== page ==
Clinical trials. OpenTrials, a collaboration between Open Knowledge International and Oxford University’s Ben Goldacre, “aims to locate, match, and share all publicly accessible data and documents, on all trials conducted, on all medicines and other treatments, globally.” The project’s “public beta” brings together data from several of the world’s largest clinical trial registries — including the United States’ ClinicalTrials.gov, the European Union Clinical Trials Register, and the WHO’s International Clinical Trials Registry Platform — and other related sources. You can explore the data through an online search tool, monthly bulk exports, and an API.
Medical examiner reports. Cook County, Illinois, publishes data on all deaths reported to its medical examiner — 20,000+ deaths since August 2014, and updated daily. (FYI: “Not all deaths that occur in Cook County are reported to the Medical Examiner or fall under the jurisdiction of the Medical Examiner.”) Connecticut’s Office of the Chief Medical Examiner has published data on all accidental drug deaths reported between 2012 and 2017. The Dallas Morning News’ Dana Amihere obtained autopsy data from the Dallas County medical examiner’s office, and NJ Advance Media’s Stephen Stirling obtained data on “all cases referred to the NJ Medical Examiner system from 1996 to 2016.”
Himalayan expeditions. The Himalayan Database tracks “all expeditions that have climbed in the Nepalese Himalaya.” The hyper-detailed database “is based on the expedition archives of Elizabeth Hawley, a longtime journalist based in Kathmandu, and it is supplemented by information gathered from books, alpine journals and correspondence with Himalayan climbers.” The database — long accessible only on CD, for a fee — is now available to download for free. (The main download is provided as a Microsoft Visual FoxPro database, but the .DBF files within it can be opened using other software, including LibreOffice.) Related: Yuichiro Miura, the oldest person to reach the summit of Mount Everest. [h/t Jacob Bradburn]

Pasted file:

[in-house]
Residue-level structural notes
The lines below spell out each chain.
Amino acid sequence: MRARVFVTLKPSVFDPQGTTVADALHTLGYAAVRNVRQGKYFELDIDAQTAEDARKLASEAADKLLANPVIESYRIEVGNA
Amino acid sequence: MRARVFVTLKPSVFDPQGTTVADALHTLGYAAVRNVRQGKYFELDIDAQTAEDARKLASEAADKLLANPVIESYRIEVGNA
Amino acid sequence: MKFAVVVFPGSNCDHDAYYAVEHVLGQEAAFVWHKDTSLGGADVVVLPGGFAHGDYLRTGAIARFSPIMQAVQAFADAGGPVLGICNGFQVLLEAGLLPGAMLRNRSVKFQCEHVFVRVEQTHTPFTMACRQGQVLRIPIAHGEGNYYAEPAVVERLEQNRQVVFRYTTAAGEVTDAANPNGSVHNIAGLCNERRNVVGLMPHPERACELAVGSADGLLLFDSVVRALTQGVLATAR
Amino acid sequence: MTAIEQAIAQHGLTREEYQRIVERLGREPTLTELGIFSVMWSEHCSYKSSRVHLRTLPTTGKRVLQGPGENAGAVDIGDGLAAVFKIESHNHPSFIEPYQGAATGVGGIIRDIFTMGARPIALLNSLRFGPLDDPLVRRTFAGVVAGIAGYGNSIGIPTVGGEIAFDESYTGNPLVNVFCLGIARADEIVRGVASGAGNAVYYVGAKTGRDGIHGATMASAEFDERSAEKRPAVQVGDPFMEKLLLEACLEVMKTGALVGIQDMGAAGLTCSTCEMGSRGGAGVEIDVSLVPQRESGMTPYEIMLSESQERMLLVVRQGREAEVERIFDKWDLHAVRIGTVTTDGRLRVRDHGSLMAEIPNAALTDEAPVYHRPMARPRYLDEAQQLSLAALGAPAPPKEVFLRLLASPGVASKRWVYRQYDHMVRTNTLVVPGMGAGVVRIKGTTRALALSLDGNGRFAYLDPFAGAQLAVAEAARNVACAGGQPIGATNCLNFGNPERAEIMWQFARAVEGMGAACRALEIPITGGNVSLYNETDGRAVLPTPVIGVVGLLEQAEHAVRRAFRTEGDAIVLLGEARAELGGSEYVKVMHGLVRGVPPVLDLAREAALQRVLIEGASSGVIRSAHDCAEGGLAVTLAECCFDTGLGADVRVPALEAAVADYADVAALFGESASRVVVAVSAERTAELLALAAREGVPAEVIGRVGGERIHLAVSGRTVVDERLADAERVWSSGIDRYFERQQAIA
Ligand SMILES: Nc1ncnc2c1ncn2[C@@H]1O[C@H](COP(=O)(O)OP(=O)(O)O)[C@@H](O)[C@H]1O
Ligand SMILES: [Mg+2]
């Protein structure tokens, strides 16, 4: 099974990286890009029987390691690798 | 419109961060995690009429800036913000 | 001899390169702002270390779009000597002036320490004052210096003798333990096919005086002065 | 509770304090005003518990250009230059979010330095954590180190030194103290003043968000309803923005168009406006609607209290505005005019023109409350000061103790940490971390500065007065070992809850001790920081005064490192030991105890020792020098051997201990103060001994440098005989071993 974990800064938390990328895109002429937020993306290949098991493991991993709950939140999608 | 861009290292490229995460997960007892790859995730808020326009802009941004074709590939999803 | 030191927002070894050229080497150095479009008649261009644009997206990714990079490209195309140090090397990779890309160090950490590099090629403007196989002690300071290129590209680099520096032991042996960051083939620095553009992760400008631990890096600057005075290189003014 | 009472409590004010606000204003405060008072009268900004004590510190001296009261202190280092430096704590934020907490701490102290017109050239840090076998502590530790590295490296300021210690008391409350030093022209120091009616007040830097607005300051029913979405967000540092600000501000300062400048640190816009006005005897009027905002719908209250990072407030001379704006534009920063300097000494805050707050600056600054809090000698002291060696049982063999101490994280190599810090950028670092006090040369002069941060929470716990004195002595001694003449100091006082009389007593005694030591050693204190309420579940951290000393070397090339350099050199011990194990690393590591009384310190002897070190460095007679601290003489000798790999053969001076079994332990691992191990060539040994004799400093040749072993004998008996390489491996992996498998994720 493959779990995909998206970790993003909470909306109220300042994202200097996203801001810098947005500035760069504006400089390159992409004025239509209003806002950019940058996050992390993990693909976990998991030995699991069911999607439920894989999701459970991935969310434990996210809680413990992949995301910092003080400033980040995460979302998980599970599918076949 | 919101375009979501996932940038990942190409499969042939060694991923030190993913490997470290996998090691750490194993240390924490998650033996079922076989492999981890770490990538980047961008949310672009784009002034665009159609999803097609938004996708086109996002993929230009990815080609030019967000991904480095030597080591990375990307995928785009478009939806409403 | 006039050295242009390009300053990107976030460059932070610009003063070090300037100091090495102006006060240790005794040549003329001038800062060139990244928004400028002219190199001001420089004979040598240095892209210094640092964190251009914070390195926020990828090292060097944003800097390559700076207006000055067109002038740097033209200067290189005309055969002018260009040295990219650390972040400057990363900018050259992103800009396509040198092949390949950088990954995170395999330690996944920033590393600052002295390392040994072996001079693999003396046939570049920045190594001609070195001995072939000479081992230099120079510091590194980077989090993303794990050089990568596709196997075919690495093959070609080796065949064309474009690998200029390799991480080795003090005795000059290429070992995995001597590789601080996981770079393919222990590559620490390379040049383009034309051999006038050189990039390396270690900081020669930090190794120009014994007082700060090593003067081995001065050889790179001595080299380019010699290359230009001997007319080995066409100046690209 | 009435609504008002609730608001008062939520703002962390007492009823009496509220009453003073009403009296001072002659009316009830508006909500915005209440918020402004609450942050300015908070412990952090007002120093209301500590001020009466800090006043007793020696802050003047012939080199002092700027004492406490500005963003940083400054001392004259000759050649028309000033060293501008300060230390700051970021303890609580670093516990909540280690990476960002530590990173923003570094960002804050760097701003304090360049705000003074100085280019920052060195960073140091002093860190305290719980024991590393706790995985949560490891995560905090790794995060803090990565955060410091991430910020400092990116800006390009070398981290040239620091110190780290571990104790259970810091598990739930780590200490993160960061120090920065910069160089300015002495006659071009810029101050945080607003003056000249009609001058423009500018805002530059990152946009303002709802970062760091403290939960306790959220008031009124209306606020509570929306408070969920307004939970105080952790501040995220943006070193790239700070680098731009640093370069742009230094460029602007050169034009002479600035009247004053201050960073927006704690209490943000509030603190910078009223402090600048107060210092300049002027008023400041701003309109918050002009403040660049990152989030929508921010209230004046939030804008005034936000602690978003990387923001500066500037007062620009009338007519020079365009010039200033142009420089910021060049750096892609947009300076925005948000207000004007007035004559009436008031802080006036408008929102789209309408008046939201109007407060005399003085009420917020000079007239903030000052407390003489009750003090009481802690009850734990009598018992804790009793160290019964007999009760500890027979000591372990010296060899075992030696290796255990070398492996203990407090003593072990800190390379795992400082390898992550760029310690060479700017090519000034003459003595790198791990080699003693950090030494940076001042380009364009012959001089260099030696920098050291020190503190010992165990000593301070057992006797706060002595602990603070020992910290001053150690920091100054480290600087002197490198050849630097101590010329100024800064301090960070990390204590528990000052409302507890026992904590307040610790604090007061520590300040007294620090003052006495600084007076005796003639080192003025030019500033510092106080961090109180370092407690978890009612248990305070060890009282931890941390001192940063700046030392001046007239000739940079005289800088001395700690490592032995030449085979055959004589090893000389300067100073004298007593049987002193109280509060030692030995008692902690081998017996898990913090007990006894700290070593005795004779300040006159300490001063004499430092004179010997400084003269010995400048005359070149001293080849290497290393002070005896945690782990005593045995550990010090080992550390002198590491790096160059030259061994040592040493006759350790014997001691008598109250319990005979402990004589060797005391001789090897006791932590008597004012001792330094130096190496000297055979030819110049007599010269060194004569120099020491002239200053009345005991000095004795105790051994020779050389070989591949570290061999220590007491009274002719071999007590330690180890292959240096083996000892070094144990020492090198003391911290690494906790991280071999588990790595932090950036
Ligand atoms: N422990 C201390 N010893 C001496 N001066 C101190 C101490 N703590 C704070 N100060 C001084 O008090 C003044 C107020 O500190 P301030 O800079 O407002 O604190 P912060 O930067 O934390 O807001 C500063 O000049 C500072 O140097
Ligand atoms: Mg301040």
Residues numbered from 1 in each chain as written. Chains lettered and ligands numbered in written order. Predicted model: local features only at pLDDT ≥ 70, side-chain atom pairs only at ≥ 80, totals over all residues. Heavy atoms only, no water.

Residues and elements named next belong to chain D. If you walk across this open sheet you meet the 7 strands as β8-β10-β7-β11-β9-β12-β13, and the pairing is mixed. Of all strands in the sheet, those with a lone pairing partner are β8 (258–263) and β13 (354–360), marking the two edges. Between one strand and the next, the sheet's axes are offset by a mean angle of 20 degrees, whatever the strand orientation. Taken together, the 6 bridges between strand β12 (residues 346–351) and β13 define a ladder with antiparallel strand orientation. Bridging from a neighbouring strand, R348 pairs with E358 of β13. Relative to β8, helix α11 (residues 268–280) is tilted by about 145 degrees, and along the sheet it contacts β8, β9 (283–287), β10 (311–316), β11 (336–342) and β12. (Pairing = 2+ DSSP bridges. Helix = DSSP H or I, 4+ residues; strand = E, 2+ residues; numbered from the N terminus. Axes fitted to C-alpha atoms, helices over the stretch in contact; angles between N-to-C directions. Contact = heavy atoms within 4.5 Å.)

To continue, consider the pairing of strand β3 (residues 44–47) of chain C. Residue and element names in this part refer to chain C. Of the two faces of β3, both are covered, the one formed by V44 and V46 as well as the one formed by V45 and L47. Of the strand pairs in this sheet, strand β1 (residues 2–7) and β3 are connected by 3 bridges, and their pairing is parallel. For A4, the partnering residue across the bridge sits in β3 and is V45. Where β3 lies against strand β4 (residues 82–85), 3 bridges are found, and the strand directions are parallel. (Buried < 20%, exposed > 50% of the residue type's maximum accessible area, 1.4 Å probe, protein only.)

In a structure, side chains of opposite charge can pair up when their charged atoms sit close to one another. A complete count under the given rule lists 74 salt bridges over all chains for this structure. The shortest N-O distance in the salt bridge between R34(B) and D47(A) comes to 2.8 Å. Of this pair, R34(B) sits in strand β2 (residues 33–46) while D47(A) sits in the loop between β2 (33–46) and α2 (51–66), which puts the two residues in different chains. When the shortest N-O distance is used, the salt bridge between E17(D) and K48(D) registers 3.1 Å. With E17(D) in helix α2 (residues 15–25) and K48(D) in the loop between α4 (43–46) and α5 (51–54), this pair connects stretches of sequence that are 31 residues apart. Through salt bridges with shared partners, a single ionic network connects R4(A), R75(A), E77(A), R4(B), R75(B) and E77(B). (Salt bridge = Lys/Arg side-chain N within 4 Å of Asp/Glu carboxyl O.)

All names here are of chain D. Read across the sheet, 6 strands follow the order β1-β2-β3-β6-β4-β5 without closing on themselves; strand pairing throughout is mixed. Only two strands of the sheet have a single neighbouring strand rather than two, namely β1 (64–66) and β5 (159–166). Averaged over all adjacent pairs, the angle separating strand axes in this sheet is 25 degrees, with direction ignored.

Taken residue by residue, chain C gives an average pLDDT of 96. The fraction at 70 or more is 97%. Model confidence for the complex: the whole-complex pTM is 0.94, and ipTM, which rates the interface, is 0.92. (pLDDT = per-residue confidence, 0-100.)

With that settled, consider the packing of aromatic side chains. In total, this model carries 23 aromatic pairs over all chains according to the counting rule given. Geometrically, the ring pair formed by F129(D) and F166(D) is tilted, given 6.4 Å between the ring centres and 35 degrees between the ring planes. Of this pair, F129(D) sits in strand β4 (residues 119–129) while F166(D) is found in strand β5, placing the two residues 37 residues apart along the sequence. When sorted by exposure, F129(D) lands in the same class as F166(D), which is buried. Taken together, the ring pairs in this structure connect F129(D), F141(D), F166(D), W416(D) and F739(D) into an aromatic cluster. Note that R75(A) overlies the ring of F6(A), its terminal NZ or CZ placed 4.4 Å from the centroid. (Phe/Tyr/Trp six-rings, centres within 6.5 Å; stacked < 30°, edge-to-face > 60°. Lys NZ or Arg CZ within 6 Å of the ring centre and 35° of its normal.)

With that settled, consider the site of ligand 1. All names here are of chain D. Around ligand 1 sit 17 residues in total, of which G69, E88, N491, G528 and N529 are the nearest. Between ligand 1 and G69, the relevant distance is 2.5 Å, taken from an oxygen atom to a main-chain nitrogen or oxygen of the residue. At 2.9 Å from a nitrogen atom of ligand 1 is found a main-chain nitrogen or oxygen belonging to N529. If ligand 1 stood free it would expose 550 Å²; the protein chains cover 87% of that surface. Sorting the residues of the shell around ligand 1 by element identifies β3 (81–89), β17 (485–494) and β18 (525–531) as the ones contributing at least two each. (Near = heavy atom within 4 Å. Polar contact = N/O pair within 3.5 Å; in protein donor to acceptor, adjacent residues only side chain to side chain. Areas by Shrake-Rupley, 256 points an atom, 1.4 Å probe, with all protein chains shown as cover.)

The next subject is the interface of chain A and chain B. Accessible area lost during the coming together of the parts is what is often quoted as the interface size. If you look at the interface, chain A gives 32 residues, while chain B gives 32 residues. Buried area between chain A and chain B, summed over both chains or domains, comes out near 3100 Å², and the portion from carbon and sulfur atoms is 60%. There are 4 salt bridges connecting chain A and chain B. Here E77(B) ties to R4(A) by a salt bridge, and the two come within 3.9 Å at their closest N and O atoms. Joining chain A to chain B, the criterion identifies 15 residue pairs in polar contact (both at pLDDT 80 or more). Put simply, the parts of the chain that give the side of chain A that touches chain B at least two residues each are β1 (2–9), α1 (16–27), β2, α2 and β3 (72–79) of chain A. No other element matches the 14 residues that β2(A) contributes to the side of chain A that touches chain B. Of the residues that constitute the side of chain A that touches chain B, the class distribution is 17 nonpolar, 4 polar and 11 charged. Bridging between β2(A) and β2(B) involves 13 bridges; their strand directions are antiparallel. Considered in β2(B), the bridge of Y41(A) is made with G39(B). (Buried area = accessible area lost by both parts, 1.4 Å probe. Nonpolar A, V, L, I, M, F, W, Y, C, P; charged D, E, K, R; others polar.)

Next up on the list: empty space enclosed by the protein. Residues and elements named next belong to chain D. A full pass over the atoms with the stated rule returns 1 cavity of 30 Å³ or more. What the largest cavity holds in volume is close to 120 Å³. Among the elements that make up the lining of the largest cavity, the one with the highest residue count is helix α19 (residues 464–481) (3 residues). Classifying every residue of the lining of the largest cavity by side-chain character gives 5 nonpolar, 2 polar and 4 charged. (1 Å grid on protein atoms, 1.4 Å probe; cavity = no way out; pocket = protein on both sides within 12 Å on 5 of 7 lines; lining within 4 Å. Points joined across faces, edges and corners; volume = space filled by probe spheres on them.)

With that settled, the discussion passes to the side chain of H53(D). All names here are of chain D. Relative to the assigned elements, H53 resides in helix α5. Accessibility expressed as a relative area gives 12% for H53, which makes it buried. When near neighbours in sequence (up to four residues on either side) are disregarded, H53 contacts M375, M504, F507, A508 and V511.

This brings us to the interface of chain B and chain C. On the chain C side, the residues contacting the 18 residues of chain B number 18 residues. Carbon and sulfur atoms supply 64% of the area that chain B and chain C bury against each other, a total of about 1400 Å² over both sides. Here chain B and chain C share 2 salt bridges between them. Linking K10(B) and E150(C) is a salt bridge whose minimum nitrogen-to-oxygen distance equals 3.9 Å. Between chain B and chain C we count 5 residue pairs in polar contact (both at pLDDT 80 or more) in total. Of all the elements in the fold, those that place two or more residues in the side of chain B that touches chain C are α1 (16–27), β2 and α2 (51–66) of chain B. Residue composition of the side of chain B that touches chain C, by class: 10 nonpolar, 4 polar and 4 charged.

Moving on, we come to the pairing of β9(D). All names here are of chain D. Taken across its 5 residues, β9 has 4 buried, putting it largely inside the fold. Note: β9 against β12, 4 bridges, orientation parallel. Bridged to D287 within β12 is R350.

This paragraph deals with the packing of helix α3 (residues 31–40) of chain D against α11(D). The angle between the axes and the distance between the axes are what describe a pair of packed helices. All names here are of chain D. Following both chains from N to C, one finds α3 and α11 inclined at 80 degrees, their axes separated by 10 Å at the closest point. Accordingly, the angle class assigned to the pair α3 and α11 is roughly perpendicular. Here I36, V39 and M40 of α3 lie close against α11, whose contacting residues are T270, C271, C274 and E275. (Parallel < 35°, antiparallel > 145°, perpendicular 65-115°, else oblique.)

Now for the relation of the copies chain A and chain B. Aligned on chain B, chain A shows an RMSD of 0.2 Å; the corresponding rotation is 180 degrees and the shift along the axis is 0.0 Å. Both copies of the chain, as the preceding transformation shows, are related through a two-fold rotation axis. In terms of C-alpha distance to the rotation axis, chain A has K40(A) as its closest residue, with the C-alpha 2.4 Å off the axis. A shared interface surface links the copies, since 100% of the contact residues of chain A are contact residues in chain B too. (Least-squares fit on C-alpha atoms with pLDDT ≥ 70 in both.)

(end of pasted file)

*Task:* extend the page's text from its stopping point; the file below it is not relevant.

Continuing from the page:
1.7 billion Milky Way stars. The European Space Agency’s Gaia spacecraft “has produced the richest star catalogue to date, including high-precision measurements of nearly 1.7 billion stars and revealing previously unseen details of our home Galaxy.” Those measurements, released last month, are available to download. They’ve also been used to create a high-resolution image of all observed stars and to expand the ESA’s interactive space map. Related: This Vox article provides some more context. [h/t u/Kopachris]
Sidewalk grates. You know those metallic grates embedded into city sidewalks? D.C.’s Office of the Chief Technology Officer has identified 10,000+ of them in the District. Also: 89,727 curb segments. [h/t Sunlight Open Cities]
Updates and corrections:
- Correction, 2018.05.09: The emailed edition misspelled Stephen Stirling’s name.